Stephen Larrabee (my nine times great-grandfather), most likely was born in France—the first ancestor I have discovered from that nation. The Larrabee name was originally spelled L’Arabie. Stephen was born around the year 1630.
Stephen was a Huguenot (a French protestant). He immigrated to America as a result of religious persecution by Roman Catholics after the revocation of the Edict of Nantes (a 1598 law granting religious liberty to French citizens). Continue reading →
Immigrants Edmund Rice & Thomasine Frost Rice, Thomas King & Ann Collins King, and Samuel Rice & Elizabeth King Rice
The Rice and King families immigrated to the Massachusetts Bay Colony from England in 1638. The two families became extensively entwined when three Rice boys married three King girls. Samuel Rice King (my seven times great-grandfather) was born into the Rice family, and then was adopted into the King family. Because of this adoption 350 years ago, my mother was born Patricia Louise King, as opposed to Patricia Louise Rice.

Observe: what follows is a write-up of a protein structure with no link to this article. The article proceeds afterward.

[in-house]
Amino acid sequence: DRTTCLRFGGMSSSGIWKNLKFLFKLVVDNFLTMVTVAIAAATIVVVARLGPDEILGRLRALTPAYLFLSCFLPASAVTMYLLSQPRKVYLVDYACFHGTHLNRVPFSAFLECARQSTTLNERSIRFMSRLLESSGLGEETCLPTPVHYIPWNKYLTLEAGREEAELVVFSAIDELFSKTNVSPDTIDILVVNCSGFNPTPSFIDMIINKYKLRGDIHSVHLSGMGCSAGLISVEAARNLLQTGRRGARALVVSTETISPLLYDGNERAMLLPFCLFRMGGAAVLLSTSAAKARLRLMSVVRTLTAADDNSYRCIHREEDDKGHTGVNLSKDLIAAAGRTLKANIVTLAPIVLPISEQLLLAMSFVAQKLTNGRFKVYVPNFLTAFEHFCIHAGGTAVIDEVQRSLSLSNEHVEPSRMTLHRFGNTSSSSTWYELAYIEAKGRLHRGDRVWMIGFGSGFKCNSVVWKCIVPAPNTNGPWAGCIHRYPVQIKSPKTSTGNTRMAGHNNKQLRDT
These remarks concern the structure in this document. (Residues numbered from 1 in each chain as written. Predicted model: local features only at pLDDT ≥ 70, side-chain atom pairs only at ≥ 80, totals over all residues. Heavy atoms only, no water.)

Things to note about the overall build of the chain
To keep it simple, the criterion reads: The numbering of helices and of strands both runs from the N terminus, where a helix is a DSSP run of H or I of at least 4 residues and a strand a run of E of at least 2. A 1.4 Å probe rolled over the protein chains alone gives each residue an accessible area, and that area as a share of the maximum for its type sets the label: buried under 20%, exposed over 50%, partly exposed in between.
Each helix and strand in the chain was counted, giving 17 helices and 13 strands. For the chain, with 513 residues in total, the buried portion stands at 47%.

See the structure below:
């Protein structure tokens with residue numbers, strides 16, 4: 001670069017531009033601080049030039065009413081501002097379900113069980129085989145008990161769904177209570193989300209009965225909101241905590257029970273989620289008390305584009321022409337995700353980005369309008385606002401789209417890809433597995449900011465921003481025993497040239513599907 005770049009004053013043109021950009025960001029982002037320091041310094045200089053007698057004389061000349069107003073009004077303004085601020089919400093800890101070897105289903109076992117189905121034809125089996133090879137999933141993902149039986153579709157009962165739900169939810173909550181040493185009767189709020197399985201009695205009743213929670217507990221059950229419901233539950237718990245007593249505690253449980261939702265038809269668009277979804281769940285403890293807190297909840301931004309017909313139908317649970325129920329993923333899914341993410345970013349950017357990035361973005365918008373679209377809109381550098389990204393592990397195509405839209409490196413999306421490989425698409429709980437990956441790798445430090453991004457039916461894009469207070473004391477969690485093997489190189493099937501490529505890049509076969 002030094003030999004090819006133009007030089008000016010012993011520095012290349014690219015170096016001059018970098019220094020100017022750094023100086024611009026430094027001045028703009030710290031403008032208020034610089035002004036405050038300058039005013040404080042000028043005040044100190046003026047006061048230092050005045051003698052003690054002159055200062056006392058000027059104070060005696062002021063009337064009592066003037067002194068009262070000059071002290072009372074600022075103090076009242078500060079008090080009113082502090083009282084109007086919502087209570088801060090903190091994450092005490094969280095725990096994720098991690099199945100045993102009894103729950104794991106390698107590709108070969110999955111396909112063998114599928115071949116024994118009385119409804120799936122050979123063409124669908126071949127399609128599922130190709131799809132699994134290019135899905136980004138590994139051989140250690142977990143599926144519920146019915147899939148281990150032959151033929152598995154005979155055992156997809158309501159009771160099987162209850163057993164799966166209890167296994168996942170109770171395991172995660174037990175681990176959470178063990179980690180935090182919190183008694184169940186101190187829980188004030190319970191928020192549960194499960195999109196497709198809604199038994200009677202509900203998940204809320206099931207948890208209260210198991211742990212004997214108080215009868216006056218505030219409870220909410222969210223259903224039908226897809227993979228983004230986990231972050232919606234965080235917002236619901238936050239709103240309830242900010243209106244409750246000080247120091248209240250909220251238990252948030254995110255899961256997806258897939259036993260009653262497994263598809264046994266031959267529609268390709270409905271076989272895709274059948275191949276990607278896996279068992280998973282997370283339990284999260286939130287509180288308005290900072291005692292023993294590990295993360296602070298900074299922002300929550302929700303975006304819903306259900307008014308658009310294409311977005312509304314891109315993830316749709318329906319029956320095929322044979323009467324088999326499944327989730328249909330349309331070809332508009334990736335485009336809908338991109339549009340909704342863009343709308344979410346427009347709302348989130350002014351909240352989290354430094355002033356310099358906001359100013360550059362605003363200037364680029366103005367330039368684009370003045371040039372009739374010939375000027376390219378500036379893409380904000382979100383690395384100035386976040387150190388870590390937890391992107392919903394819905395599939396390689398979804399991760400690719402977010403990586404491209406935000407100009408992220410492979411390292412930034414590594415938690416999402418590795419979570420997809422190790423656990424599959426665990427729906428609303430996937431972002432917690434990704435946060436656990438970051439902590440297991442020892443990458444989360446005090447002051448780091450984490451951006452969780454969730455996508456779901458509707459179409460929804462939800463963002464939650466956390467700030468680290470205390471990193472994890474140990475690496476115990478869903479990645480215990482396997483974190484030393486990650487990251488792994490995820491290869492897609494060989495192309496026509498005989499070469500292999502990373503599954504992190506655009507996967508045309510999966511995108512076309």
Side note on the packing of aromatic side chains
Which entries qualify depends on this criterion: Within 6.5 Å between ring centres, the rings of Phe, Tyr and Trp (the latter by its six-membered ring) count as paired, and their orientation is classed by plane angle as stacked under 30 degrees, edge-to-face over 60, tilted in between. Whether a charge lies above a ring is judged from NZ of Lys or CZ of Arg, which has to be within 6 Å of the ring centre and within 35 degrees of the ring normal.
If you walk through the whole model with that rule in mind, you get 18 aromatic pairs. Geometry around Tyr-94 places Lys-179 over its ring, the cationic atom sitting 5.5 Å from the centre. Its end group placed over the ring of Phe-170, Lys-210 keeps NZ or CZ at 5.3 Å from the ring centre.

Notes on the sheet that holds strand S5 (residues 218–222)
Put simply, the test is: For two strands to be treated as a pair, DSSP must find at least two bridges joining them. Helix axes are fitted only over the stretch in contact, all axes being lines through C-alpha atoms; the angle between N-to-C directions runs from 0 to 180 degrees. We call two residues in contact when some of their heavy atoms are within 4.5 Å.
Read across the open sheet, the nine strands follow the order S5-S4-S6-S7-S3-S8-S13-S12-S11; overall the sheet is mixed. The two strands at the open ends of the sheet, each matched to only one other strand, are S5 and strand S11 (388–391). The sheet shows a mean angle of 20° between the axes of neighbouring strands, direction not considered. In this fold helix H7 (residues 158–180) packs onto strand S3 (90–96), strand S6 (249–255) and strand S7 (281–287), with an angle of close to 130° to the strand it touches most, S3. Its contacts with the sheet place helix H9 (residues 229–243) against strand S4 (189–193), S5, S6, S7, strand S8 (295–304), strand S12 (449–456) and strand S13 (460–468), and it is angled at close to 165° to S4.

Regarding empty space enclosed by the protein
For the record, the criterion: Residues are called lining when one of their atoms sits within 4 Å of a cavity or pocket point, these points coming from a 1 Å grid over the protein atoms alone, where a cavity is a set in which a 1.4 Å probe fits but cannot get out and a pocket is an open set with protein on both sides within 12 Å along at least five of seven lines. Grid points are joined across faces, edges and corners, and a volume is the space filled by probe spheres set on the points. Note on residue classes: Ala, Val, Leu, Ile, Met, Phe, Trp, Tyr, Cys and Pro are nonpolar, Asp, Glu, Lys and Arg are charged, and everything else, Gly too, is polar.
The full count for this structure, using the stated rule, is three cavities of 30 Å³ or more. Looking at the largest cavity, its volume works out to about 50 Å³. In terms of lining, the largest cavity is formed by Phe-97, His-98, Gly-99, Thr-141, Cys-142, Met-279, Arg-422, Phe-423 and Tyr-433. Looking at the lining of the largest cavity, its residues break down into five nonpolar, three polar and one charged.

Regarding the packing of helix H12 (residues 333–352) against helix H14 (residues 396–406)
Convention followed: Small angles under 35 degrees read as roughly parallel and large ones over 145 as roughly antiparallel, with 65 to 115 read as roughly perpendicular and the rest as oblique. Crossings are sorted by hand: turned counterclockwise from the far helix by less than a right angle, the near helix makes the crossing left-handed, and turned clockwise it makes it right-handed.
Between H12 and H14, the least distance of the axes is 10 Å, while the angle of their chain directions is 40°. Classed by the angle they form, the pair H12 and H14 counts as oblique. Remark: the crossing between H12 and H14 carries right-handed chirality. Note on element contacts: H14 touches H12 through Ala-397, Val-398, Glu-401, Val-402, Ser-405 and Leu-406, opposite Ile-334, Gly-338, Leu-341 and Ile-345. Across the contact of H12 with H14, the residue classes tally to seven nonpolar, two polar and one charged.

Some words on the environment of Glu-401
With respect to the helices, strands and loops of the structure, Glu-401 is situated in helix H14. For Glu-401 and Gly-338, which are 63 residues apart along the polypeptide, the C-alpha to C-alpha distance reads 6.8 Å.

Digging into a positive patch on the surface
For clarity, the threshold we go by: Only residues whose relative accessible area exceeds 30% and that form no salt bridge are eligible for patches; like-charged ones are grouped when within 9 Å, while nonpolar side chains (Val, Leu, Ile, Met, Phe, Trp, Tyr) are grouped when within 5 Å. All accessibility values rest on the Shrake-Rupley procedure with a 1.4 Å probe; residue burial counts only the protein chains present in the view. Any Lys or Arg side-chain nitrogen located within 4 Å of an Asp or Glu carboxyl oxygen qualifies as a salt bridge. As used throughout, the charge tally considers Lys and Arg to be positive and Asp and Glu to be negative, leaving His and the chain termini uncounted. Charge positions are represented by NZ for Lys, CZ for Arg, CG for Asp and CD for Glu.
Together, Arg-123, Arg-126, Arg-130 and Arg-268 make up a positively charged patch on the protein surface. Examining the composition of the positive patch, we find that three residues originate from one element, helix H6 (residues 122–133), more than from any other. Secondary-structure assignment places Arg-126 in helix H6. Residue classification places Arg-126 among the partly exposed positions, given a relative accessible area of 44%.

Although the two families immigrated just eighteen years after the Mayflower, their history in the New World was vastly different from that of their Pilgrim neighbors to the south. The Rice and King families were Puritans, not Separatists, and their family histories involved deadly encounters with the native populations, in stark contrast to the relatively peaceful interactions in Plymouth.
The family story is one of war against the Natives, resulting in a succession of retaliatory attacks including killings, burning settlements to the ground, and the kidnapping of five young Rice children. Continue reading →